Notes & Transcript
Guided Meditation: Mindfulness of Breathing (Focussed on the Nostrils)
David started by reading a story:
“A good nun lived a very simple life, with few possessions and dwelling in a cave. Every morning, she would take her alms bowl to the nearby village to collect just enough food for her one meal of the day. She had plenty of time to meditate, study, and teach what she knew to any of the local villagers.
When she returned from almsround one morning, she noticed a hole in her spare robe, so she found a small piece of cloth and hand sewed a patch onto the robe. She’d done this before. You see, in her cave lived a family of mice, and they liked nibbling her robes. While sewing, she thought that if she had a cat, then there would be no mice, and she wouldn’t have to spend so much time sewing patches. So the next day, she asked the villagers for a cat, and they gave her a well-behaved brown cat whose color matched her robes.
The cat needed milk and fish, so the nun had to ask the villagers for these extra items every morning. One morning, she thought that if she had her own cow, then she wouldn’t need to keep asking for milk to feed the cat to keep away the mice that chewed her robes. So she asked one of her wealthy supporters for a cow.
Once the nun had a cow, she had to get grass for the cow to eat. So she begged the villagers for grass to feed her cow to provide milk for the cat to keep away the mice that chewed her robes.
After a few days, the nun thought that if she had her own field, then she would not need to harass the poor villagers for grass every day. So she arranged for a collection to be made to buy a nearby pasture to provide grass for her cow to provide milk for the cat to keep away the mice that chewed her robes.
It was a lot of work looking after the pasture, catching the cow every morning and milking it, so she thought that it would be helpful to have a boy, a young attendant who could do all these chores for her. In return, the nun would give him moral guidance and teachings. The villagers selected a boy from a poor family in dire need of some moral guidance. Now she had a boy to look after the pasture to provide grass for her cow to provide milk for the cat to keep away the mice that chewed her robes.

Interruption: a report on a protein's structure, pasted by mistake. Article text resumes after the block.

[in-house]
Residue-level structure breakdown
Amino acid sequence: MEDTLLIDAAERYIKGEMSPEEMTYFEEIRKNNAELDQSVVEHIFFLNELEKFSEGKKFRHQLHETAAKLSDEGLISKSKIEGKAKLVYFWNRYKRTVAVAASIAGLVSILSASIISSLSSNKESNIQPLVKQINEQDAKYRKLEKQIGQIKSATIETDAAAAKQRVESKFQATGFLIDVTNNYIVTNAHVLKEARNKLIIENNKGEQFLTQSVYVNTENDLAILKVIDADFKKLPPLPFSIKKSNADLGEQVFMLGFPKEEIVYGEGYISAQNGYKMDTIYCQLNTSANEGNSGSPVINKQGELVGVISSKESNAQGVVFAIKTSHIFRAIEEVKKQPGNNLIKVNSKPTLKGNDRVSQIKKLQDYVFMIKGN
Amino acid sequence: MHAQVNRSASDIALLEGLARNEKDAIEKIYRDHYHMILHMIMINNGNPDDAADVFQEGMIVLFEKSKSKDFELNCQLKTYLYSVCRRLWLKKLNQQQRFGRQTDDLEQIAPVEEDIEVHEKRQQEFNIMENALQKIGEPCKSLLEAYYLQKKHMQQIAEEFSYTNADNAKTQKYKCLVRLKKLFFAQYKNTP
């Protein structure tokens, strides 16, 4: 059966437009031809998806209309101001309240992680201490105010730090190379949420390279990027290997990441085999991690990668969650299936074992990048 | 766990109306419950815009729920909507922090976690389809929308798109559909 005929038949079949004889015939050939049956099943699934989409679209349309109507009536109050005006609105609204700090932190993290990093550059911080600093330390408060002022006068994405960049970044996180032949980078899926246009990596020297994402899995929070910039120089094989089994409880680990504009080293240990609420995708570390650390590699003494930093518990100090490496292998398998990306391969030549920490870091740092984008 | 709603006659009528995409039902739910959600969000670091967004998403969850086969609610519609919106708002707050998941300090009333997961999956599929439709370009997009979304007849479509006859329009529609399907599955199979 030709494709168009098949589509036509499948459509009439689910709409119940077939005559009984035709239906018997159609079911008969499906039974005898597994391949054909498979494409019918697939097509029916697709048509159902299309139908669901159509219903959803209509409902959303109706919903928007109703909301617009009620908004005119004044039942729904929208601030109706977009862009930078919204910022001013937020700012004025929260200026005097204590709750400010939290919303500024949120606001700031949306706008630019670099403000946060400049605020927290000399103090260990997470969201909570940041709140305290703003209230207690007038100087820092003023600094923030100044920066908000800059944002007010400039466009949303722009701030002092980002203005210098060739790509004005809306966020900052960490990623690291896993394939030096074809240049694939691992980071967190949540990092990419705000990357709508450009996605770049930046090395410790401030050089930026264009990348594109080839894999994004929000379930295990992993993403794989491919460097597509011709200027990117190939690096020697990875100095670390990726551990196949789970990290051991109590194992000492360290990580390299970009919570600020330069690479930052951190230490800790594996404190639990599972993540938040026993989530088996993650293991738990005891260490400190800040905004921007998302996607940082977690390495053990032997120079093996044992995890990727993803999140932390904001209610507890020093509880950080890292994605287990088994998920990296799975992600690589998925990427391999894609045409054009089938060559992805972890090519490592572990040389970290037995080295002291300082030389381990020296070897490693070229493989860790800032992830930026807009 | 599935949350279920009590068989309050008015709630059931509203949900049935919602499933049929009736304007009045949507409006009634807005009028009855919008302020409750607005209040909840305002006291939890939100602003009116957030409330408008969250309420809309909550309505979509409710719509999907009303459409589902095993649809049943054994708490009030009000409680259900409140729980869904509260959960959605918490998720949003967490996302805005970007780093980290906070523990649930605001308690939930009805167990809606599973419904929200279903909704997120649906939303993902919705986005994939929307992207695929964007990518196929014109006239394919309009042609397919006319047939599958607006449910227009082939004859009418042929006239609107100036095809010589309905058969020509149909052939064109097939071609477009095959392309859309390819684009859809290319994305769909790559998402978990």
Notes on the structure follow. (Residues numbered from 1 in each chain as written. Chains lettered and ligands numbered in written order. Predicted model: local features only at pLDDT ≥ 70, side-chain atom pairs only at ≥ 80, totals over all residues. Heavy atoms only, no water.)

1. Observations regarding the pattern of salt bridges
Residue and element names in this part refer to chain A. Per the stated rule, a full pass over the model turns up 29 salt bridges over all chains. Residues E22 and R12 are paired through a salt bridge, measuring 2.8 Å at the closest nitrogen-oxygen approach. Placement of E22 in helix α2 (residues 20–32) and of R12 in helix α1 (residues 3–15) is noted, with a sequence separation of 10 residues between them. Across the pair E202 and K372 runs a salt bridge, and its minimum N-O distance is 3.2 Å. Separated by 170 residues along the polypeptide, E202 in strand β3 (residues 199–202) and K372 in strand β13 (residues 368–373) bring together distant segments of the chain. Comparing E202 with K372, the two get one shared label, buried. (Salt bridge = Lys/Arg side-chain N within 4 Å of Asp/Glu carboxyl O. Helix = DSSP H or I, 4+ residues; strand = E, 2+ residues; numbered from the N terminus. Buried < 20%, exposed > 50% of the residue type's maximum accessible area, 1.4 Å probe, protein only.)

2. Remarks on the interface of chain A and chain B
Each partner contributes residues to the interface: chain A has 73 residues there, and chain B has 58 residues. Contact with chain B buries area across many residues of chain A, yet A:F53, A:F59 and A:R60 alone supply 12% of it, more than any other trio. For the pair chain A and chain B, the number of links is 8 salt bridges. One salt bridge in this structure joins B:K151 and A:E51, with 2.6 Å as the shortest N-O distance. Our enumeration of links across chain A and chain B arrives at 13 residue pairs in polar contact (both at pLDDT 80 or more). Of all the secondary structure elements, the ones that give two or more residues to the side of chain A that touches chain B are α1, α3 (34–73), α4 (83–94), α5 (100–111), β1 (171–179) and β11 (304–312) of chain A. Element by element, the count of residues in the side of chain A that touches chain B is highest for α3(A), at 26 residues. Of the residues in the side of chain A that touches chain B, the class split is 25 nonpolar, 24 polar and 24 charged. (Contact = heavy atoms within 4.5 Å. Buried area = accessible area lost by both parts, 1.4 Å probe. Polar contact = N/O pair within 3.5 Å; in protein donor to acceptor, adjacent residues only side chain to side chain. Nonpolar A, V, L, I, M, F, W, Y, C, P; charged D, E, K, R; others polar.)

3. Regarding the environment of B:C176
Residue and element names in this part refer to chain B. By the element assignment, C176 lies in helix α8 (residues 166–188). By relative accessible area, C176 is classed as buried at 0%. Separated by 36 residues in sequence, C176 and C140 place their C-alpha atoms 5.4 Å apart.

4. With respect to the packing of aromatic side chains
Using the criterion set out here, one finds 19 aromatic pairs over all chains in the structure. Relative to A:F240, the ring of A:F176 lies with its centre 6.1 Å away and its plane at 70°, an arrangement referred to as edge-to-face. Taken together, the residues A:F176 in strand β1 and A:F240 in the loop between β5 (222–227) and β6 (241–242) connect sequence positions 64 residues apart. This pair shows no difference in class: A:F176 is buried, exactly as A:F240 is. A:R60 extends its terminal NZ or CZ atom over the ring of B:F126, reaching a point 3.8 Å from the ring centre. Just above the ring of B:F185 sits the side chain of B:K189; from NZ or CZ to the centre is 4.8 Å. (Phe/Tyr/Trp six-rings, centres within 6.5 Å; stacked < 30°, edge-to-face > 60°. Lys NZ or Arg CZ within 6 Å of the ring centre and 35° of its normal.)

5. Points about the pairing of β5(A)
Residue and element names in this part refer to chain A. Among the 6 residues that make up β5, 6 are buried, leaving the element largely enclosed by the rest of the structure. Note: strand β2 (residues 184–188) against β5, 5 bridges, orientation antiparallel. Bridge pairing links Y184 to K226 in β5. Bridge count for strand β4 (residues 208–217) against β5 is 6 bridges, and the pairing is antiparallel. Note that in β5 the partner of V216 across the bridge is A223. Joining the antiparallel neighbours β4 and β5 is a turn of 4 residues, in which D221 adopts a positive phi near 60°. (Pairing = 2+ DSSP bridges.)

Now the nun needed to collect more than twice as much food every morning, because young boys eat a lot. Moreover, she needed a small hut nearby for the boy to sleep in, because it was against the rules for the boy to sleep in the cave with a nun. So she asked the villagers to build a hut for her boy who looked after the pasture to provide grass for her cow to provide milk for the cat to keep away the mice that chewed her robes.
By this time, she began to notice the villagers avoiding her. They were afraid that she was going to ask them for something more. Even when they saw a brown cow approaching in the distance, thinking it was the nun, they would run away or hide in their houses with the door securely bolted and the curtains drawn over the windows.
When a villager did come to ask her some questions on meditation, she said, “Sorry. Not now. I’m too busy. I have to check the hut being built for the boy who looks after my field to graze my cow that provides the milk for my brown cat that keeps away the mice so that I don’t need to keep patching my robe.”
She noticed what she was saying and realized: “Such is the origin of materialism.” She then told the villagers to dismantle the hut, sent the boy back to his family, gave away the cow and the field, and found a good home for her cat.
A few days later, she had returned to her simple life, with few possessions and dwelling in a cave. After returning one morning from the village with just enough alms food for her one meal of the day, she noticed that a mouse had chewed another hole in her robe. With a quiet smile, she sewed on another patch.”
Source: ‘Don’t Worry, Be Grumpy: Inspiring Stories for Making the Most of Each Moment’ by Ajahn Brahm
For me, this is a nice little reminder of the nature of chasing happiness through material things.
It, of course, is not saying that we need to give away our possessions, but that we need to not get so wrapped up in them, thinking that the solution to the problem lies in changing or manipulating our circumstances.
In Buddhism, we call this ‘changing suffering’ or ‘changing distress’ – each time she solved a problem, she created a new one.
All along she had two problems. An inner one, and an outer one. The inner problem was her dissatisfaction and her aversion to having to live with this mouse and keep sewing patches.
Once we deal with our inner problem, in this case by reflecting on the dangers of attachment, accepting what is and letting go of our desire to control, then we have no problem. Then we can deal with the situation, with a quiet smile.